Cap on All Prices/Rates

Cap on All Prices/Rates

A system of regulated health care prices involves a state governmental agency with the legal authority to establish explicit prices (the exact price) that providers must be paid, and payers must pay for a defined set of services, such as all acute care hospital facility prices. An alternative approach would be for a state to authorize a regulatory agency to a set a maximum limit on all prices paid (i.e., price caps), but allow providers and payers to negotiate payment levels below the established cap. In addition to legal authority to set prices (or price caps) the regulating governmental agency in these systems would also have the authority to update (or “inflate”) the established prices (or price caps) each successive year.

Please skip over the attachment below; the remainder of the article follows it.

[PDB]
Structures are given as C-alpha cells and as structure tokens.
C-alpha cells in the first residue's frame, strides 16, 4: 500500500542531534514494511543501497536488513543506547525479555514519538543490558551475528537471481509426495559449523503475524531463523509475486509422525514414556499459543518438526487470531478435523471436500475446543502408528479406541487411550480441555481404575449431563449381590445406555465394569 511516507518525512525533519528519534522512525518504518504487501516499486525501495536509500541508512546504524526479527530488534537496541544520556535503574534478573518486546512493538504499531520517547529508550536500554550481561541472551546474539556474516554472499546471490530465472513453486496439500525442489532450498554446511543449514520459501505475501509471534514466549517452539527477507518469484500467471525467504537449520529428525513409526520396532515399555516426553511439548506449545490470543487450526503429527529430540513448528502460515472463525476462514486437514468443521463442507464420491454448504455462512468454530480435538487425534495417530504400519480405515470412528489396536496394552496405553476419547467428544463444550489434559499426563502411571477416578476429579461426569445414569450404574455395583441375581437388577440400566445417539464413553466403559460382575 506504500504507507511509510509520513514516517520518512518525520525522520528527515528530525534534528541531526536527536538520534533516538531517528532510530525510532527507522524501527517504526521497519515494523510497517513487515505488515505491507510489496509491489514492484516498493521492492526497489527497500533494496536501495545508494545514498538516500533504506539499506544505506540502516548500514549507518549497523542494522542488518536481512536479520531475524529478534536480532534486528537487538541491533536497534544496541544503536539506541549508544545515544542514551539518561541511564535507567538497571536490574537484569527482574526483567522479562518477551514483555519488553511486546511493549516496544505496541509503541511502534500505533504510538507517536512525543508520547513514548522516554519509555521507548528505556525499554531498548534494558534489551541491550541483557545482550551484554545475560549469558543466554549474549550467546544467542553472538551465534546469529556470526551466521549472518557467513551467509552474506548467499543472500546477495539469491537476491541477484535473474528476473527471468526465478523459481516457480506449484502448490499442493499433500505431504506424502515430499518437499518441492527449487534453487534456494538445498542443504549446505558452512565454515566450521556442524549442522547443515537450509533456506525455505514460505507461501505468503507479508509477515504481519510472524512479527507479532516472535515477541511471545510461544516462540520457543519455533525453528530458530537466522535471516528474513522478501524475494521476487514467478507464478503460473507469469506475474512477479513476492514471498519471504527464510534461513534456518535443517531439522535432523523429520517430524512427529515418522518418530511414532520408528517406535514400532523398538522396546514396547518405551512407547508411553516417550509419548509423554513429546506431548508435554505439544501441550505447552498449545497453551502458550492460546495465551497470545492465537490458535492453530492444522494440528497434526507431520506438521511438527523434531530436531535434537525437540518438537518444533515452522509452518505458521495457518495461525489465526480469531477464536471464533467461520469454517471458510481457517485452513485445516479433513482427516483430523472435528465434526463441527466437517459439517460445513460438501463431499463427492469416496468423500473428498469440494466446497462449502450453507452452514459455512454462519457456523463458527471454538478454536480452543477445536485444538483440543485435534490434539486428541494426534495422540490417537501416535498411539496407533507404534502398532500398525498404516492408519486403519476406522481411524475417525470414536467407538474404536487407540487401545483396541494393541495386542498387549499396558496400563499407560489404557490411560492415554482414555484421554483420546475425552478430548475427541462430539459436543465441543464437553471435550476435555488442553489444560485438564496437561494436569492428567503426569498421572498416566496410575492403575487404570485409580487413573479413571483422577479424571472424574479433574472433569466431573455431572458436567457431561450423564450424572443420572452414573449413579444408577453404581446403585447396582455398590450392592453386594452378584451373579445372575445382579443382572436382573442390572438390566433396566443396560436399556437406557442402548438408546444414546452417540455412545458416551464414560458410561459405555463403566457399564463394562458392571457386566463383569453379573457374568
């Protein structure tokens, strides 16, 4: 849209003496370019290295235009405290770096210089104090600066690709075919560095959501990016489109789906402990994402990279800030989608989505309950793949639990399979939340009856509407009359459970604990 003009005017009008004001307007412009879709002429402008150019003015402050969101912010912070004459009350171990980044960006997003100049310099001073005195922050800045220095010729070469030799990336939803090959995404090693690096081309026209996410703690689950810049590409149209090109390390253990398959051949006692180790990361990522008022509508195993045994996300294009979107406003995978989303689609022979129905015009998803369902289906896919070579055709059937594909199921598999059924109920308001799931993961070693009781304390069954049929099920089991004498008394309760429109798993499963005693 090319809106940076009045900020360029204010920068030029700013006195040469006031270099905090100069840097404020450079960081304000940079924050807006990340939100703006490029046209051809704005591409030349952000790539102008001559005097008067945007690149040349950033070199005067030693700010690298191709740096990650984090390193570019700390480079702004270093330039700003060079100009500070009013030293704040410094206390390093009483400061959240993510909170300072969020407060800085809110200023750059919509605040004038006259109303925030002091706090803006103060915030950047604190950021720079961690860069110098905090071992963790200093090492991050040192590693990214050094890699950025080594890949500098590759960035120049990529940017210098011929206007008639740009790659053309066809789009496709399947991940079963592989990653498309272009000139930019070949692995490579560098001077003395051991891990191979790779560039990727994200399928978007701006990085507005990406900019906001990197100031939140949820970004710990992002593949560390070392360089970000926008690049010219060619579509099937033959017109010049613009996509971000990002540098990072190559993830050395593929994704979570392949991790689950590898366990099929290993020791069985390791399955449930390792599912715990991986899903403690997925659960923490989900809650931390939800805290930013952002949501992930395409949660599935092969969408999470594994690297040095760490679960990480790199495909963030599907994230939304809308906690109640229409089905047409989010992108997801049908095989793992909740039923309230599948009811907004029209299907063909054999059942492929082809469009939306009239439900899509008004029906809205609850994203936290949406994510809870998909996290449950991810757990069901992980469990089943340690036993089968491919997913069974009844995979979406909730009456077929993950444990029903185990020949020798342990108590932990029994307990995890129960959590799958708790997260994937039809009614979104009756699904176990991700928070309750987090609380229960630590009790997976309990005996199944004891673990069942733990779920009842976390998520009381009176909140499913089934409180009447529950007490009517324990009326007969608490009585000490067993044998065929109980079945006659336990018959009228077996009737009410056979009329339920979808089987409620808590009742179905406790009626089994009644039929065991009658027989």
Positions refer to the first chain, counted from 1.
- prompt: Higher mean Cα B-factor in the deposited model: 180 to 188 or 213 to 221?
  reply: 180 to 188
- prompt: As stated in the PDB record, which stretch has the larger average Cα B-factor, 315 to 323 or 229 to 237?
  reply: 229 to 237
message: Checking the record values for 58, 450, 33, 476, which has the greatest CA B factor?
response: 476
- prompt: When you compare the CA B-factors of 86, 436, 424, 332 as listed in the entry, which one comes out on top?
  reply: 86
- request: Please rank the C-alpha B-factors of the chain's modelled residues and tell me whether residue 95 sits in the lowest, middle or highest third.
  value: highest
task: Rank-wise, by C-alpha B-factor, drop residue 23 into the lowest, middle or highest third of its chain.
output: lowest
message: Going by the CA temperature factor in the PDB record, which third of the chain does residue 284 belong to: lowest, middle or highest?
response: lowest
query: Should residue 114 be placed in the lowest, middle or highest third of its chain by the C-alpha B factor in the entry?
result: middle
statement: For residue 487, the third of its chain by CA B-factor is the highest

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In the 1960s and 1970s, approximately 30 states established governmentally controlled programs to either review or regulate health care prices. Most of these rate-setting or rate review systems set the prices paid by commercial insurers to acute care hospitals. Of these states,  seven legislated mandatory rate setting systems applicable to all acute care hospitals in the state.  Five of these states (New York, Maryland, New Jersey, Massachusetts and Washington), also were authorized to set hospital prices for all payers, including Medicare and Medicaid. The 1960s, 1970s and early 1980s were characterized by very rapid growth in hospital spending by both commercial and governmental payers. Thus, the primary purpose of these systems was to slow the growth in spending on hospital care. In addition to setting rates and rate updates to slow the rapid growth in hospital prices and spending, these systems set rates sufficient to cover “efficient” hospital operating costs and pay for hospital uncompensated care (these systems included add-ons to regulated hospital rates to finance hospital uncompensated care and share that cost across participating payers).